14 Songs, 1 Hour 18 Minutes

EDITORS’ NOTES

After the megaplatinum success of Metallica (a.k.a. The Black Album), the World’s Most Famous Thrash Metal Band had decisions to make. Grunge had altered the hard rock scene of the '90s, and while it was waning down in 1995 and 1996, this shift was still an obvious concern to the bands it affected. Considering the success of its ballad “Nothing Else Matters,” Metallica knew if it balanced things correctly, it could remain the biggest band on Earth—and certainly its hardest-rocking. But among its hardcore fans, the band might have overplayed its hand, since Load and each successive album have been met with uncertainty. If one accepts Load on its own terms, though, it’s obvious that the slower paces (there’s no thrash anyway) let the band stretch its talents in new directions and learn a new language, away from the usual lightning-fast guitar solos and hyperactive drum patterns. The songs are Metallica's bluesiest and most soulful, with James Hetfield writing of his mother’s cancer in the brooding “Until It Sleeps.” Bob Rock’s production again brings out enormous depth in the band's musicianship.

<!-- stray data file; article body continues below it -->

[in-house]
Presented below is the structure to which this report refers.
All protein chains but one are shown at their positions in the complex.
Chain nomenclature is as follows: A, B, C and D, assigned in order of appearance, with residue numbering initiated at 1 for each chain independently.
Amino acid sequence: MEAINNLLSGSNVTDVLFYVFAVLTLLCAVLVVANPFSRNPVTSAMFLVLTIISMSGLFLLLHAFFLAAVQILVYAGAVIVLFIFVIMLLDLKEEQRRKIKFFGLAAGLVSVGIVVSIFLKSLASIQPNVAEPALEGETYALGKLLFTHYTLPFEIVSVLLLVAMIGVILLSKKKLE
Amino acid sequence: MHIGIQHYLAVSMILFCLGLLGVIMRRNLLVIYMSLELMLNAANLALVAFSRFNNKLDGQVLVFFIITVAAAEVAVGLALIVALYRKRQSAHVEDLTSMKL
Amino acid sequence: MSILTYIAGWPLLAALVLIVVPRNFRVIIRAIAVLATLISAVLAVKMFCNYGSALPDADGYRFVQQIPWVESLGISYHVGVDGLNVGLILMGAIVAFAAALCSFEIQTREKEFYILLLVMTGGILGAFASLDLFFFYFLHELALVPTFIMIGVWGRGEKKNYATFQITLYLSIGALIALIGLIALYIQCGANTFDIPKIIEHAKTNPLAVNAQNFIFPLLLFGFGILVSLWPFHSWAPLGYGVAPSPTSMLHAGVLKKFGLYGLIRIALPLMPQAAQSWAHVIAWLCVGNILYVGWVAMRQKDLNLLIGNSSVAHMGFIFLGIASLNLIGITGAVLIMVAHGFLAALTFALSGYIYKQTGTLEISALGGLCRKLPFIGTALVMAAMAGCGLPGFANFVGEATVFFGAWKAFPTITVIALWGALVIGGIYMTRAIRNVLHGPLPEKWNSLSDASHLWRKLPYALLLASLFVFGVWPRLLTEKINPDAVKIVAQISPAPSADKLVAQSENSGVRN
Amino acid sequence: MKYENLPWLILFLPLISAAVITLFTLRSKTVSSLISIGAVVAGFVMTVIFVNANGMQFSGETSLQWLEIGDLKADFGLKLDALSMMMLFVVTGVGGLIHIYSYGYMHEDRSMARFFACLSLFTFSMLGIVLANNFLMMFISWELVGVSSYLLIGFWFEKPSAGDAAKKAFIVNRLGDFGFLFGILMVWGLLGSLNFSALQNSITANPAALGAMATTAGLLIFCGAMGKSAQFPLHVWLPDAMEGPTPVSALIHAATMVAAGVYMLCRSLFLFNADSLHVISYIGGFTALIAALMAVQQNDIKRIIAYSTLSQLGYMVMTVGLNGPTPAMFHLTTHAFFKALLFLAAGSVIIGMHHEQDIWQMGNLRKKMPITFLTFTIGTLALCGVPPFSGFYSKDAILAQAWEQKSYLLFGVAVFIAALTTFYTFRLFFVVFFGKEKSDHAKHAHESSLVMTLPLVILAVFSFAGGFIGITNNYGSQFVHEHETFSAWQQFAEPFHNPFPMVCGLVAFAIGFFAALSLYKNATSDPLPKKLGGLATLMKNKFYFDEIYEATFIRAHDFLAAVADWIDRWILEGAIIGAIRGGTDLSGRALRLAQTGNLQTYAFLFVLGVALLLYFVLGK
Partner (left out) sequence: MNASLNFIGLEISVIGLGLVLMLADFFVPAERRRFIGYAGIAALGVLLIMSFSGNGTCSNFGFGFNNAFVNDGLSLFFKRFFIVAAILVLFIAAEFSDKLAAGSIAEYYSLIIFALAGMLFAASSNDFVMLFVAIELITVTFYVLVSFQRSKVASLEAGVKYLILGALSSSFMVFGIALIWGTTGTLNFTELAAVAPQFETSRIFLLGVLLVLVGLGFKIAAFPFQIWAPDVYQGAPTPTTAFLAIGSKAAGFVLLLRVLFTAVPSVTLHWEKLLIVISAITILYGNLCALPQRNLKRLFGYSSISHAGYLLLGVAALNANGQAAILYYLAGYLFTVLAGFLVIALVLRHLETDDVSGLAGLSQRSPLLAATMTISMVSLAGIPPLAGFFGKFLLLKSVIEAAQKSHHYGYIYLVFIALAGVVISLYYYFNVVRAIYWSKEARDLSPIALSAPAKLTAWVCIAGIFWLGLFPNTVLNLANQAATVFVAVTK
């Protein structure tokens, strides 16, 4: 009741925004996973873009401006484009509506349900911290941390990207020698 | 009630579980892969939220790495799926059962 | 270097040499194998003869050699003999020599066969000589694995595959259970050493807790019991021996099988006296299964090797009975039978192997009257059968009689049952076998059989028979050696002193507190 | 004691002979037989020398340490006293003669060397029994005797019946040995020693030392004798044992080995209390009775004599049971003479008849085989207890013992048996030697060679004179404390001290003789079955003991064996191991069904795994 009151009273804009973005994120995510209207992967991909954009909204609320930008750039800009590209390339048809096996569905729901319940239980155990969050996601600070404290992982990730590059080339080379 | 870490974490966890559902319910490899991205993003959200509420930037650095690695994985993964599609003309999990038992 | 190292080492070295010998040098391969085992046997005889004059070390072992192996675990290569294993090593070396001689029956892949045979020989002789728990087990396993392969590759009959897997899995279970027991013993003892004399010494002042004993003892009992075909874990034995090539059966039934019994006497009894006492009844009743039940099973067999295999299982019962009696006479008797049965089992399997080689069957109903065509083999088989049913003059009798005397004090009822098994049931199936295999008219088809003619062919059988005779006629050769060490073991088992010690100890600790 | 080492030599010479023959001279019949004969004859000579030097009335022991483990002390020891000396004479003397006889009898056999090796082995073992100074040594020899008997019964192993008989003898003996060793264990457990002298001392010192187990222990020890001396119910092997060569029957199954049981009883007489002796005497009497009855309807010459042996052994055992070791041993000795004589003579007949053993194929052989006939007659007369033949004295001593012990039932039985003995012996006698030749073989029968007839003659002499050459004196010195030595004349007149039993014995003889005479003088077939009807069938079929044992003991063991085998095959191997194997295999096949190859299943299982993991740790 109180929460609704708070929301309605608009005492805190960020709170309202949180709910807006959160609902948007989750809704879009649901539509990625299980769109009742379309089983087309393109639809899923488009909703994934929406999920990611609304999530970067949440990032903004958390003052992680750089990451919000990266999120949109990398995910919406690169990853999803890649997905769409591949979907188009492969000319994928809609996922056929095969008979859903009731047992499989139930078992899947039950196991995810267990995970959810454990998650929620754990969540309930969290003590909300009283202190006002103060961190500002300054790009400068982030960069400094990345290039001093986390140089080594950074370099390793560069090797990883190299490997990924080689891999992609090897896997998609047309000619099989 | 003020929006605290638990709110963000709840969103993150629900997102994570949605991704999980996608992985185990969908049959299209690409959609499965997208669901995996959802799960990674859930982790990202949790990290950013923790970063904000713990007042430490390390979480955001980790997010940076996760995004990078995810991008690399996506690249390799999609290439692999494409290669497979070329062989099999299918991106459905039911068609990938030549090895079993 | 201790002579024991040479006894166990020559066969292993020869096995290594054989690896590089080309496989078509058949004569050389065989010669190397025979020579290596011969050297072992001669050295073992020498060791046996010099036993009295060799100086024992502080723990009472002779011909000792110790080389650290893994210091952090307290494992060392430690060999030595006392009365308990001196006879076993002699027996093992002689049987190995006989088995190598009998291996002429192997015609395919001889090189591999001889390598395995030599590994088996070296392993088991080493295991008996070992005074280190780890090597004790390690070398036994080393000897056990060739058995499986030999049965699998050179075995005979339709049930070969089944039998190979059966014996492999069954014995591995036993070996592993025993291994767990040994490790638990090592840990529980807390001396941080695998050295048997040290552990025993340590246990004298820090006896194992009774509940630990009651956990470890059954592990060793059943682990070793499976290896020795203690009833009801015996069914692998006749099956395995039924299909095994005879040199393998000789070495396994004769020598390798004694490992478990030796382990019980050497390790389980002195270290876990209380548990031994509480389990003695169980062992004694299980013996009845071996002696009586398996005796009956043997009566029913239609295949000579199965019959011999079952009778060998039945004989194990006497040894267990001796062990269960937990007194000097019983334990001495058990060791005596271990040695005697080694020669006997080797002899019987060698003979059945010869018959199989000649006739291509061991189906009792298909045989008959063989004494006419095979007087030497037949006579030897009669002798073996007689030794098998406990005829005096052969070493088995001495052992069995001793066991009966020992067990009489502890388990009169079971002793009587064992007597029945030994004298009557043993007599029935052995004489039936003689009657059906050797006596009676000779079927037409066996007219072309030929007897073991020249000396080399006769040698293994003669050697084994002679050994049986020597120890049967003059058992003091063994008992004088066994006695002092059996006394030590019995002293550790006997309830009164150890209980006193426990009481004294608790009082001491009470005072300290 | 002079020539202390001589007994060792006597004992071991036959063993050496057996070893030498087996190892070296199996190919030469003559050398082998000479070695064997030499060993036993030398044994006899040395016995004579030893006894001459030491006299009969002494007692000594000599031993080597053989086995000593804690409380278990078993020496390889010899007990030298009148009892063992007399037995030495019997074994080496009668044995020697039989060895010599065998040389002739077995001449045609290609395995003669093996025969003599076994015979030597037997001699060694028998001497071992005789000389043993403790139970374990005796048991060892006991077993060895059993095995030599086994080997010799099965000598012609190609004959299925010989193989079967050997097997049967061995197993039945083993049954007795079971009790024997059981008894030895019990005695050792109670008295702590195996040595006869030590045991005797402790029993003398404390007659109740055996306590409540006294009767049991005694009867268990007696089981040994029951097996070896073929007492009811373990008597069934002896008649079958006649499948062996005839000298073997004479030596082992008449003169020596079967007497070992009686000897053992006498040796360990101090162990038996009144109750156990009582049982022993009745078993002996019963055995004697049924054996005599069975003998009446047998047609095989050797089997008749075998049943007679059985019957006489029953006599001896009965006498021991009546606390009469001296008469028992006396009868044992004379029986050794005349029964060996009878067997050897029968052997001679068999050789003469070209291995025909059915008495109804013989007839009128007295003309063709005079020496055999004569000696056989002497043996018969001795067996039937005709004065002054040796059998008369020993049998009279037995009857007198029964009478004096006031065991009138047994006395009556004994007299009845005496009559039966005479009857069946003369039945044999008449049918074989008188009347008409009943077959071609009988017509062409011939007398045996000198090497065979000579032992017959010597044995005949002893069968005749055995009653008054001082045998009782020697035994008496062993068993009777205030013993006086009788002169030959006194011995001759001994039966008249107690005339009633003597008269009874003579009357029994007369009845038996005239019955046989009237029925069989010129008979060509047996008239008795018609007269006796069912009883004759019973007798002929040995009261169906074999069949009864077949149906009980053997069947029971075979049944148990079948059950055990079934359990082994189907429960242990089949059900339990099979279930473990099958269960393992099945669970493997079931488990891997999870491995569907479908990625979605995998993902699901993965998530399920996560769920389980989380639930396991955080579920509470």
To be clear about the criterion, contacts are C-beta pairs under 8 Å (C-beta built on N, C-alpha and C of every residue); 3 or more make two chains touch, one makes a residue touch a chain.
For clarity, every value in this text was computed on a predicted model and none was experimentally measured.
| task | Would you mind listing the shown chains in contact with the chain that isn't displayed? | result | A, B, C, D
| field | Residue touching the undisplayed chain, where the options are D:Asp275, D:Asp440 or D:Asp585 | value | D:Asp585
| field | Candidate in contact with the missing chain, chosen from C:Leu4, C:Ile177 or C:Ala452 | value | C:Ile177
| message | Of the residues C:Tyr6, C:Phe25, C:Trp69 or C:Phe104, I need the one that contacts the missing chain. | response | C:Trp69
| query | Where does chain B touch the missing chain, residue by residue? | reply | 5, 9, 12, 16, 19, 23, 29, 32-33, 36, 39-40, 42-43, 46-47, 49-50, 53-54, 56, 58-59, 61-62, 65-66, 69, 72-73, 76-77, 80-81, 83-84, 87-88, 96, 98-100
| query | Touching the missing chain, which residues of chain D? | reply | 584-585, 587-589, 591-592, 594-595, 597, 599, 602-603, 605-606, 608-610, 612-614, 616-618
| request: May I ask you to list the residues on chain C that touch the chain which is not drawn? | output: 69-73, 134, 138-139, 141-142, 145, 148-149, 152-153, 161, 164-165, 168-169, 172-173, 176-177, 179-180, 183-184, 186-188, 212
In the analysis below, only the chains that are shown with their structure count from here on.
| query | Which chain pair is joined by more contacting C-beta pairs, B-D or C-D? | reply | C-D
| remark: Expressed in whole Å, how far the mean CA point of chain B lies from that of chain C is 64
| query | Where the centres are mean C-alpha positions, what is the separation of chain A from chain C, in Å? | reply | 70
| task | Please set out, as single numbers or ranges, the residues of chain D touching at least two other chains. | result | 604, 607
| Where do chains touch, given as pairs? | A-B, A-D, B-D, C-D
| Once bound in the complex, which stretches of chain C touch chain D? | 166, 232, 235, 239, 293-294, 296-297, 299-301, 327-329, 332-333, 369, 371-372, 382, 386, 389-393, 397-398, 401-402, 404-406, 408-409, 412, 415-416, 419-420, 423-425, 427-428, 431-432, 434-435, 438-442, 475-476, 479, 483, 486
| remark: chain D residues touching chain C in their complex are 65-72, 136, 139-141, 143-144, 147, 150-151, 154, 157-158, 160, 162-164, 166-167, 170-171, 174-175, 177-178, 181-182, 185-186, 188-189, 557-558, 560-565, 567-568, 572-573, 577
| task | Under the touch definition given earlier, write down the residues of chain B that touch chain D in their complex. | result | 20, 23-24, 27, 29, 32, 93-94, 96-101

EDITORS’ NOTES

After the megaplatinum success of Metallica (a.k.a. The Black Album), the World’s Most Famous Thrash Metal Band had decisions to make. Grunge had altered the hard rock scene of the '90s, and while it was waning down in 1995 and 1996, this shift was still an obvious concern to the bands it affected. Considering the success of its ballad “Nothing Else Matters,” Metallica knew if it balanced things correctly, it could remain the biggest band on Earth—and certainly its hardest-rocking. But among its hardcore fans, the band might have overplayed its hand, since Load and each successive album have been met with uncertainty. If one accepts Load on its own terms, though, it’s obvious that the slower paces (there’s no thrash anyway) let the band stretch its talents in new directions and learn a new language, away from the usual lightning-fast guitar solos and hyperactive drum patterns. The songs are Metallica's bluesiest and most soulful, with James Hetfield writing of his mother’s cancer in the brooding “Until It Sleeps.” Bob Rock’s production again brings out enormous depth in the band's musicianship.

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